Sustainable agriculture is at a crossroads, says new report

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50 percent of the reduction in on-farm agricultural emissions required for a 1.5°C pathway are cost neutral or ROI-positive today, new research by McKinsey & Company indicates.

However, according to the report, major barriers, namely transition financing, investment to reduce costs, behaviour change, and additional incentives such as increased carbon prices are needed to support adoption.

“The agricultural transition: Building a sustainable future”-report reveals that while many opportunities are viable today, incentives, likely in the form of carbon prices or other financing, may need to reach $150/ton to unlock many more.

Moreover, barriers in carbon markets and financing remain for those that are viable. For example, only 1 percent of all carbon credits are issued through agriculture, and private investment in sustainable agricultural technology fell significantly last year. 50 percent of US farmers cite low ROI as a top reason for not participating in carbon programs.

Joshua Katz from McKinsey commented: “Our analysis highlights 28 sustainable farming measures that could cumulatively save 2.2 GT CO2 a year and provide a clear pathway to 1.5˚C on the farm.

“Yet economics and behaviour remain the key barriers to at-scale adoption of sustainable farming, particularly across developing countries and smallholder producers.

“Adoption may be significantly increased through novel transition financing incentives such as California’s FARMER program, green rebates or carbon markets, farmer training, and accelerated investment in R&D to cut the cost of existing solutions and develop new ones.”

The report finds that the cost of sustainable farming practices may need to fall considerably to spur widespread adoption, especially across smallholder farmers who supply 34 percent of the world’s food.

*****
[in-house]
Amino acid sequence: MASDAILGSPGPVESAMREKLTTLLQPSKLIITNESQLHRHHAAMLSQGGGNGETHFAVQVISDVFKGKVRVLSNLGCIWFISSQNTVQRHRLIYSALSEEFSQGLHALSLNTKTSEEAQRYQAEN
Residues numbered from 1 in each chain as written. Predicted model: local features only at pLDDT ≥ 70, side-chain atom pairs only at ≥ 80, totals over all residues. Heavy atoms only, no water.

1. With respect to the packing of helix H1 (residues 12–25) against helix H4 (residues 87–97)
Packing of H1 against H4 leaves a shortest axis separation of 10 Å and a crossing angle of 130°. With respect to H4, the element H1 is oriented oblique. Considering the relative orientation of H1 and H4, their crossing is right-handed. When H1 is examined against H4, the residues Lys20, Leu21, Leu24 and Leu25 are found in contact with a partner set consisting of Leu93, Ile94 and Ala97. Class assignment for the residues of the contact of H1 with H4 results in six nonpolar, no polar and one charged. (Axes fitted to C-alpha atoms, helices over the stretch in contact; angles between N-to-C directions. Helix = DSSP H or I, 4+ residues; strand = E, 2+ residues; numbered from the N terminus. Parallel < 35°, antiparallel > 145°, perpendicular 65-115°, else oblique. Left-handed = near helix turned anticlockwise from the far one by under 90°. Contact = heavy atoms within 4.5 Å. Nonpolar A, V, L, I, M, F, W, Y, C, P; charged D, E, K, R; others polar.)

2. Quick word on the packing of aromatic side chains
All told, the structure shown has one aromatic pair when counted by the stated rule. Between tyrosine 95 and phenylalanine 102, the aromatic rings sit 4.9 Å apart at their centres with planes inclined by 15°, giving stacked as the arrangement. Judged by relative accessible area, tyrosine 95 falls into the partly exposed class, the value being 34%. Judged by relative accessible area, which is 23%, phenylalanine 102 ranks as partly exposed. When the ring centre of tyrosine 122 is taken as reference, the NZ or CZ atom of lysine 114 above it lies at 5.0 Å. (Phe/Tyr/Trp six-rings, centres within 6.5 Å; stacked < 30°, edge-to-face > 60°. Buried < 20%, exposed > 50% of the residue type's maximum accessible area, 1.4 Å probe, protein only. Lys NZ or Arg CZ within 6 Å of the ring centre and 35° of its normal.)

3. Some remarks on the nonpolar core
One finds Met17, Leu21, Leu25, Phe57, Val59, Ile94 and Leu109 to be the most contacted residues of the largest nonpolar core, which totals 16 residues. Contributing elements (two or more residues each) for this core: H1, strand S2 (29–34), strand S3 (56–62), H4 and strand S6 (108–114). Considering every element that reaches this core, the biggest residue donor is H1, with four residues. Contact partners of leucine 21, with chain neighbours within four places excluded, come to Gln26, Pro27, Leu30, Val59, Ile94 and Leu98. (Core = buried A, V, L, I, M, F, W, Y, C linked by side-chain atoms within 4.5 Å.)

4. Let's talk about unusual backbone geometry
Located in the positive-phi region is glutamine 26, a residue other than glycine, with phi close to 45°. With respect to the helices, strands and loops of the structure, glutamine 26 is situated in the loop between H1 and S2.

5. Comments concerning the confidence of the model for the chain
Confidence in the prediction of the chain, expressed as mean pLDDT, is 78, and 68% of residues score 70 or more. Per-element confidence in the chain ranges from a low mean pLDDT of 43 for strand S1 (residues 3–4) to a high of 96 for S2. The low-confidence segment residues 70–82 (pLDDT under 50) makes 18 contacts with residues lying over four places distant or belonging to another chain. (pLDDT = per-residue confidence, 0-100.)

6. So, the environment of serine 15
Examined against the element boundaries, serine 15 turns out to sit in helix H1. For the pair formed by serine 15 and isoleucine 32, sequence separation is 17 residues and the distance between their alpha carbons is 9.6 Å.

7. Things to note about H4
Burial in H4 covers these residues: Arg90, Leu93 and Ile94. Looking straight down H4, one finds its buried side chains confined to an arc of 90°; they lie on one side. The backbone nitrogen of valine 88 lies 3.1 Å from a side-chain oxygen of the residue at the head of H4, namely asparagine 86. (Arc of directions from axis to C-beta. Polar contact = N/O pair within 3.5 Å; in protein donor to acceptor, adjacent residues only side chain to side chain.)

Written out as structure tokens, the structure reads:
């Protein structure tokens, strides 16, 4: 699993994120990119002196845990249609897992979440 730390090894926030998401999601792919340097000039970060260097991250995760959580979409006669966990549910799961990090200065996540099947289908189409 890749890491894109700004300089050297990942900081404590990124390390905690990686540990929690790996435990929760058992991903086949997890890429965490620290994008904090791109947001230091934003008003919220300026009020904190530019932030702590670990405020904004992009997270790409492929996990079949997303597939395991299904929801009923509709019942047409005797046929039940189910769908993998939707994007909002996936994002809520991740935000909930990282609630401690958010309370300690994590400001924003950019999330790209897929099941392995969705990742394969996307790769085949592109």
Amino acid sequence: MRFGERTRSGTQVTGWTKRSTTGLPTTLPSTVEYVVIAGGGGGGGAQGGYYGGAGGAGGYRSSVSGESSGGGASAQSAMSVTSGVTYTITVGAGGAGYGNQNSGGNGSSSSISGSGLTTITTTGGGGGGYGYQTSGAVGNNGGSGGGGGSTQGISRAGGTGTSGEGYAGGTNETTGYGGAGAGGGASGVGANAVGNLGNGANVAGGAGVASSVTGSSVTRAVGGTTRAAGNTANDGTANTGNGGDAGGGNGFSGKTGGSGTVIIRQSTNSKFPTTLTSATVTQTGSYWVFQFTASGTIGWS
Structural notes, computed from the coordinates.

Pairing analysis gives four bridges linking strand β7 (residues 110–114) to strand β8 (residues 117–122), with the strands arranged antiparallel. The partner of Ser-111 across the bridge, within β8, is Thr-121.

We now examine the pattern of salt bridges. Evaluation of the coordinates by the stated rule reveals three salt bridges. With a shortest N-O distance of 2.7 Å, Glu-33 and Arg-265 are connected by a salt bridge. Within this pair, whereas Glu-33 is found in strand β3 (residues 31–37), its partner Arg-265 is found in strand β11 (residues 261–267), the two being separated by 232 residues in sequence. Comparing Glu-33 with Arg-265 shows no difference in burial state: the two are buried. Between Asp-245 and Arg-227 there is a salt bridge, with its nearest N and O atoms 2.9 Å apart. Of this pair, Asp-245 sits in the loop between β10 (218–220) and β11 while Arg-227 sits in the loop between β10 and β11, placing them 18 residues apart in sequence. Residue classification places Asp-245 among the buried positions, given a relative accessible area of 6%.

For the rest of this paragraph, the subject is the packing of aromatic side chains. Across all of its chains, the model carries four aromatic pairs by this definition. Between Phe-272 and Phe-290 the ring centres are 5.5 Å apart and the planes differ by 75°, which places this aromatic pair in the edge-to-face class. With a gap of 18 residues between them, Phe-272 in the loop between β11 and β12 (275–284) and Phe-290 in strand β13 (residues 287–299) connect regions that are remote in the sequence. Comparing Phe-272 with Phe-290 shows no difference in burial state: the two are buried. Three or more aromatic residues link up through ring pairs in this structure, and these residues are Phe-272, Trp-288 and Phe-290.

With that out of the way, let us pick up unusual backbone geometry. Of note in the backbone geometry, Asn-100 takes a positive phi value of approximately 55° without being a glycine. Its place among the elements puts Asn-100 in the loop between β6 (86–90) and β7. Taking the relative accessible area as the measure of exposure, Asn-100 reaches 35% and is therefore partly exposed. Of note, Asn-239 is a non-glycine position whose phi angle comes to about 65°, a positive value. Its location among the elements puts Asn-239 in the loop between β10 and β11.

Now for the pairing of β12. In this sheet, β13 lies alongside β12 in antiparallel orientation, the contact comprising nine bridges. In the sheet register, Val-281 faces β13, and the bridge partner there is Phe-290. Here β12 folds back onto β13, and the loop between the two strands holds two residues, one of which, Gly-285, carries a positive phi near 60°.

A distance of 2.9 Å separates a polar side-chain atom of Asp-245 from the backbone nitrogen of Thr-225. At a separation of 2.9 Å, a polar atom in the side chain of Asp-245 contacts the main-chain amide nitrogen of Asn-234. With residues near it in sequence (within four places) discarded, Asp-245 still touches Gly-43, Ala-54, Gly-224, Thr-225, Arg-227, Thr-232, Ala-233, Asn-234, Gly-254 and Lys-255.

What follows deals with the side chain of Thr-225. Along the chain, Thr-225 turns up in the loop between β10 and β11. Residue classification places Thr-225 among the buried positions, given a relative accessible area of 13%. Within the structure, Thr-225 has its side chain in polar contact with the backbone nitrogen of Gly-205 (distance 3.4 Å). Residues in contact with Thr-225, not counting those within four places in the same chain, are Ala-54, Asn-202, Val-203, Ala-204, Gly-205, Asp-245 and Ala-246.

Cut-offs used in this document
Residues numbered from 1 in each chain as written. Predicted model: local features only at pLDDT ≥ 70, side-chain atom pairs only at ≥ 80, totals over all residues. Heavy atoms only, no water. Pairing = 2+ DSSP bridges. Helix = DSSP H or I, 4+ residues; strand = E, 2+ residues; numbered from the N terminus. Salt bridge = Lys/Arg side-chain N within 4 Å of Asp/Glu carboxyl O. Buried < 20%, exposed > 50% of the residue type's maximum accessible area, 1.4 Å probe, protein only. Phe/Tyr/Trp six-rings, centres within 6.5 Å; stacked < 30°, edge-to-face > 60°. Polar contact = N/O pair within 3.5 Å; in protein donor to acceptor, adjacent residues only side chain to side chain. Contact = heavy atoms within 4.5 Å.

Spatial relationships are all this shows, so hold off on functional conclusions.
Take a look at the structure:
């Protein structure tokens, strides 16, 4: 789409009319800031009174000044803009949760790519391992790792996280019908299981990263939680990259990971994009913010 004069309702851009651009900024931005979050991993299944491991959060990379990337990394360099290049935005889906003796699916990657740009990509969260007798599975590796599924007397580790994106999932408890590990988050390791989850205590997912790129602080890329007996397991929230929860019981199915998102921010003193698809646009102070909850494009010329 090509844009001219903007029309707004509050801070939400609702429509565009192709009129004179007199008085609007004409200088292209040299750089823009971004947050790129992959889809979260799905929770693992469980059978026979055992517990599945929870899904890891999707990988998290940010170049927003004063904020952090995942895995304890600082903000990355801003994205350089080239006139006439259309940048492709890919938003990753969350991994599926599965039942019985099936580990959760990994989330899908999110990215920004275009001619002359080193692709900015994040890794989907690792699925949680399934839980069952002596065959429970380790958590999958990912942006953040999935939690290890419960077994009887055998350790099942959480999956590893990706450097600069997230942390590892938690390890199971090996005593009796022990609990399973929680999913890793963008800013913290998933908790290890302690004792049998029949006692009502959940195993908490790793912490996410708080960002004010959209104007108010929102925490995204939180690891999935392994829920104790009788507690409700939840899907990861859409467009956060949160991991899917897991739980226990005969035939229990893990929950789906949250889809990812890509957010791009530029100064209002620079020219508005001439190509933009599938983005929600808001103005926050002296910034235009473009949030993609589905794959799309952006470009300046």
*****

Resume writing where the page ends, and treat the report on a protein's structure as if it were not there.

McKinsey’s analysis reveals that many of the most effective decarbonisation measures from feed additives to anaerobic digestors are also among the most expensive to implement at $99 and $311/ton of CO2e respectively.

However, many highly effective measures, including direct rice seeding, n-inhibitors, and variable rate fertilization are ROI-positive today. The report says investment in training, additional transition financing, and supply chain traceability to enable green premiums could spur behavior change and adoption of the practices.

McKinsey pinpoints 28 measures with high potential to drive agricultural decarbonisation. The analysis notes that investment in sustainable agriculture innovation has been inconsistent, with inflation-adjusted public investment falling in the US, but rising in countries such as China and Brazil.

Private investment in agricultural technology, including sustainable agriculture, also fell last year. And financial mechanisms to support sustainable farmers such as green product premiums and subsidies for low-carbon farming are still in their infancy.

McKinsey found that the conversion of land for agriculture, methane emissions from livestock and agricultural energy use cumulatively account for 74 percent of all agricultural emissions. Notably, action beyond the farm in the form of land use change, dietary shifts, and food loss and waste reductions will be required to meet the 1.5˚C pathway.

For example, reducing food waste by just 23% could save 0.7 metric GT of CO₂e, shifting diets away from animal proteins could save nearly 640 million hectares of land, and nature-based land use such as forest restoration may abate 6.7 GT CO₂e by 2050.

The full report is available on the McKinsey website.